Voice and verbalisation play a crucial role in his films. An autobiographical text written at the request of Raymond Bellour in 1995 for the specialist French magazine Trafic – reproduced in the only monographic study edited in Spain about his work, Paisajes del yo. El cine de Ross McElwee/Landscapes of the I. The cinema of Ross McElwee (2007), an edition coordinated by Efren Cuevas and Alberto N. Garcia – appeals from its title (Finding a Voice) to the author´s great obsession, the necessity of finding an expressive voice capable of overcoming the film-maker´s invisibility and the (impossible) attempt at the pure objectivity of verite. In this sense, he retains a self-confessed influence from Hawkes, an advocate of carrying over the artist´s personal experience into the artist´s own work. After his intial excursions as a writer and as a photographer, McElwee combined these interests, discovering during a stay in France in 1973 both the start of an understanding of film-making and an addiction to it.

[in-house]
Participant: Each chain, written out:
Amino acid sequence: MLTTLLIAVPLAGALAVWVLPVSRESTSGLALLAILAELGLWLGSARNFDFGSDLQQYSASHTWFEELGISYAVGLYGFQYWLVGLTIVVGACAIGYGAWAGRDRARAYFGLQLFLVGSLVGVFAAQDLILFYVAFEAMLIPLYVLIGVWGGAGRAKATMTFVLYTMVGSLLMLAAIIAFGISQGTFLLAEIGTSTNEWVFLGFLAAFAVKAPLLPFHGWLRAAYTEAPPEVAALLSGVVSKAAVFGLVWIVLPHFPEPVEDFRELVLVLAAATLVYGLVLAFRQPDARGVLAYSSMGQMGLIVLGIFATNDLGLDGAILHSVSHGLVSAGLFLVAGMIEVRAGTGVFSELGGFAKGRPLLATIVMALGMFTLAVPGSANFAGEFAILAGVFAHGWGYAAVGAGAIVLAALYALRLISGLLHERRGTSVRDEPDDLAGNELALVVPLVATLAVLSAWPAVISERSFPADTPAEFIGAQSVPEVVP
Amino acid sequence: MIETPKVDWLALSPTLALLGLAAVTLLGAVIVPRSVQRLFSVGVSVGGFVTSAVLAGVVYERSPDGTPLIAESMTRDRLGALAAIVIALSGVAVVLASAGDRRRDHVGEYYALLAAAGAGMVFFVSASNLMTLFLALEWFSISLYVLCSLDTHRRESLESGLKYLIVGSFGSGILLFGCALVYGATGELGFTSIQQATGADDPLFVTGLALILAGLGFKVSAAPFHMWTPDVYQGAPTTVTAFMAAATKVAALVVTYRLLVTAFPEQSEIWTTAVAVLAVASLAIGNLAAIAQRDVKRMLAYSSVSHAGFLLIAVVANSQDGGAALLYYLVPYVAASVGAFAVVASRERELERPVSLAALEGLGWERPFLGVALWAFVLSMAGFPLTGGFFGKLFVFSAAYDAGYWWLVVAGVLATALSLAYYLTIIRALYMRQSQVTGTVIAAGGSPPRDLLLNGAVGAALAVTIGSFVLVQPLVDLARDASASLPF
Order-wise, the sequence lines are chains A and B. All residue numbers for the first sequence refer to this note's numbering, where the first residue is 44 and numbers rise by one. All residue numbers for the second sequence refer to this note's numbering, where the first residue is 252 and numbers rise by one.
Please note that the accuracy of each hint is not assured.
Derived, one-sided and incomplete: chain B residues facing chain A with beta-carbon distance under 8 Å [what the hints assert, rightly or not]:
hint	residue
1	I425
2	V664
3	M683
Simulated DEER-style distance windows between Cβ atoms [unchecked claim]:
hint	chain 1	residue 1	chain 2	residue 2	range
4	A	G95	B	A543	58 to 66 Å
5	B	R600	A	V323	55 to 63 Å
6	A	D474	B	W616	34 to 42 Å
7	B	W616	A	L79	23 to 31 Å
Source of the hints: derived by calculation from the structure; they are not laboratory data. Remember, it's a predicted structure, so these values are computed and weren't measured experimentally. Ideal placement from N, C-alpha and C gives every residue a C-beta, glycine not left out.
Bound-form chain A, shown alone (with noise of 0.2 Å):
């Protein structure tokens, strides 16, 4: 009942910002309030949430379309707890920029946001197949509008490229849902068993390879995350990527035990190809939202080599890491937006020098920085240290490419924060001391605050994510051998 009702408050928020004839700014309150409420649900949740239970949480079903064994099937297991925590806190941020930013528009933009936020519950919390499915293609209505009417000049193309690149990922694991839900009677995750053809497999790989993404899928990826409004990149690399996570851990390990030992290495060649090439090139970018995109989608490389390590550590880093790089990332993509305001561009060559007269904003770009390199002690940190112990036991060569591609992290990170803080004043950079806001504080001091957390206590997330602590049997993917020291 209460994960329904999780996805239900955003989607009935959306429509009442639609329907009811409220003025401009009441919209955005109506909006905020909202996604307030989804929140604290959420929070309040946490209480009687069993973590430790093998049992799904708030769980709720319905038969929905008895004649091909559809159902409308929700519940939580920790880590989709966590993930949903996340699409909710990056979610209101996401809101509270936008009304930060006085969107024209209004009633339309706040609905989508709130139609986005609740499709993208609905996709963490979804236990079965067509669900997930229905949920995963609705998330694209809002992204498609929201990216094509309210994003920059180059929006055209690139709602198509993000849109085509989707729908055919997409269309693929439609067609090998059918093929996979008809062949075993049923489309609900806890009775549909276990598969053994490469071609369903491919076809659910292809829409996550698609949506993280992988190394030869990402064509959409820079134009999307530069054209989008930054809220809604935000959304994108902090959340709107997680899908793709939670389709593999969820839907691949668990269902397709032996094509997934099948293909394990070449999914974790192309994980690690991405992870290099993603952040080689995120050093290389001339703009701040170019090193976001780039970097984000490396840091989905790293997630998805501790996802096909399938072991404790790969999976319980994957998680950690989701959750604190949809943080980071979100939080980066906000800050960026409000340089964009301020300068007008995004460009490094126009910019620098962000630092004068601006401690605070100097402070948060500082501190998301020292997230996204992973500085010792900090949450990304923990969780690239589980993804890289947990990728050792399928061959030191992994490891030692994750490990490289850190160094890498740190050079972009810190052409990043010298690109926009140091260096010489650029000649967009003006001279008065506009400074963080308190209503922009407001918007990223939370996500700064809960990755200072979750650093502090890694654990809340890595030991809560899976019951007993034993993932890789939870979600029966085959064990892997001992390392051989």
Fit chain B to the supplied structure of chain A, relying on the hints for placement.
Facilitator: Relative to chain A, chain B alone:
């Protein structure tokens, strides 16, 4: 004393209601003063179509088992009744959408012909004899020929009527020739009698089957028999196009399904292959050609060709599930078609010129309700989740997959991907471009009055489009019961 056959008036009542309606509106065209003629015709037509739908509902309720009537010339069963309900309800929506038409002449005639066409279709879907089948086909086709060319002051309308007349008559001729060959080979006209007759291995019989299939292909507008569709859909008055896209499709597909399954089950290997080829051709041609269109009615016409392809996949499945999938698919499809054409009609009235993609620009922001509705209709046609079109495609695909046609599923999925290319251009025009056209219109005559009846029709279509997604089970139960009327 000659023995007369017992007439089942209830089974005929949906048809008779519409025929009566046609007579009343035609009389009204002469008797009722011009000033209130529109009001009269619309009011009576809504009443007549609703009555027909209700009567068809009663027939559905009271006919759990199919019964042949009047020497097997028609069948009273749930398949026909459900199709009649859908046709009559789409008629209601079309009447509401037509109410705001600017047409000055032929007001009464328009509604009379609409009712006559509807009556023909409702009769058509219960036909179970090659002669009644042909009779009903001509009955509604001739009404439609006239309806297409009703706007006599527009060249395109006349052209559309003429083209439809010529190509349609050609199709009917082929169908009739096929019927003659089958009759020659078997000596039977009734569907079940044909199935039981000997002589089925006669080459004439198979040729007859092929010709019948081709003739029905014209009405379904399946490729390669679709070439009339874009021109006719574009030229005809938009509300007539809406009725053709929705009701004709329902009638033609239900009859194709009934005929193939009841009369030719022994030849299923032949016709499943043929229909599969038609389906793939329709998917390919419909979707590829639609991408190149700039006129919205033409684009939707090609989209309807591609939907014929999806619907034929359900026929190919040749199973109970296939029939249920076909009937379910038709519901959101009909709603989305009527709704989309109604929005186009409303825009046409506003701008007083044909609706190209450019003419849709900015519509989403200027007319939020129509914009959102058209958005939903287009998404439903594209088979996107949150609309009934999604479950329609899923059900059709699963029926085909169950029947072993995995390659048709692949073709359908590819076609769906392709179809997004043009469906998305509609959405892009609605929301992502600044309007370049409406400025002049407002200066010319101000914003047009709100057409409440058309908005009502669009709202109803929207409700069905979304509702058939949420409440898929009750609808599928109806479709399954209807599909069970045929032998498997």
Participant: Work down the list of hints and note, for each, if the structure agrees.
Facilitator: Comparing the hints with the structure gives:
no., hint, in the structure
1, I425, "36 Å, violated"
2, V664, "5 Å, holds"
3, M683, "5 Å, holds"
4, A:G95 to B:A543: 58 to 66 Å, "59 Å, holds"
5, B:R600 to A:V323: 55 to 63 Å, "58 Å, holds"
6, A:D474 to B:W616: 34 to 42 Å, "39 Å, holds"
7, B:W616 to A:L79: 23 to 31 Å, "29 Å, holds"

In Charleen (1978), McElwee´s initiation piece, the verite that is being looked for suffers slight distortions – even though there is no commentary – by means of the perceptive relation that the camera establishes with the film´s protagonist, a friend and former teacher of his. But the stress on the film-maker´s personal perspective and active involvement was not long in coming. Backyard (1984) immerses itself in the seach for the autobiographical dimension and the subjective offscreen voice in a story about his father and his brother. From the self-conscious narrative and from a certain sense of responsibility to the images themselves, McElwee starts to shape the construction of a personage: himself. In Sherman´s March (1986) – with the subtitle A meditation on the possibility of a romantic history of the South during the era of the proliferation of nuclear weapons – McElwee´s personal voice, clear, confessional, inventive, takes over the film for the first time. McElwee makes fun of the conventions of the didactic, historical documentary and talks of the Civil War, of Southern culture, of ethnography and contemporary socio-politics at the same time that he reveals intimate aspects of his life – the breaking-up of a relationship, the search for a new girlfriend. In addition McElwee contributes to authenticate the piece by working practically unaided with the use of a body-camera (a happy expression of Josep Maria Catala), which is of course a very appropriate term for any film-maker in the documentary branch of cinema (in particular when using 16 millimetres).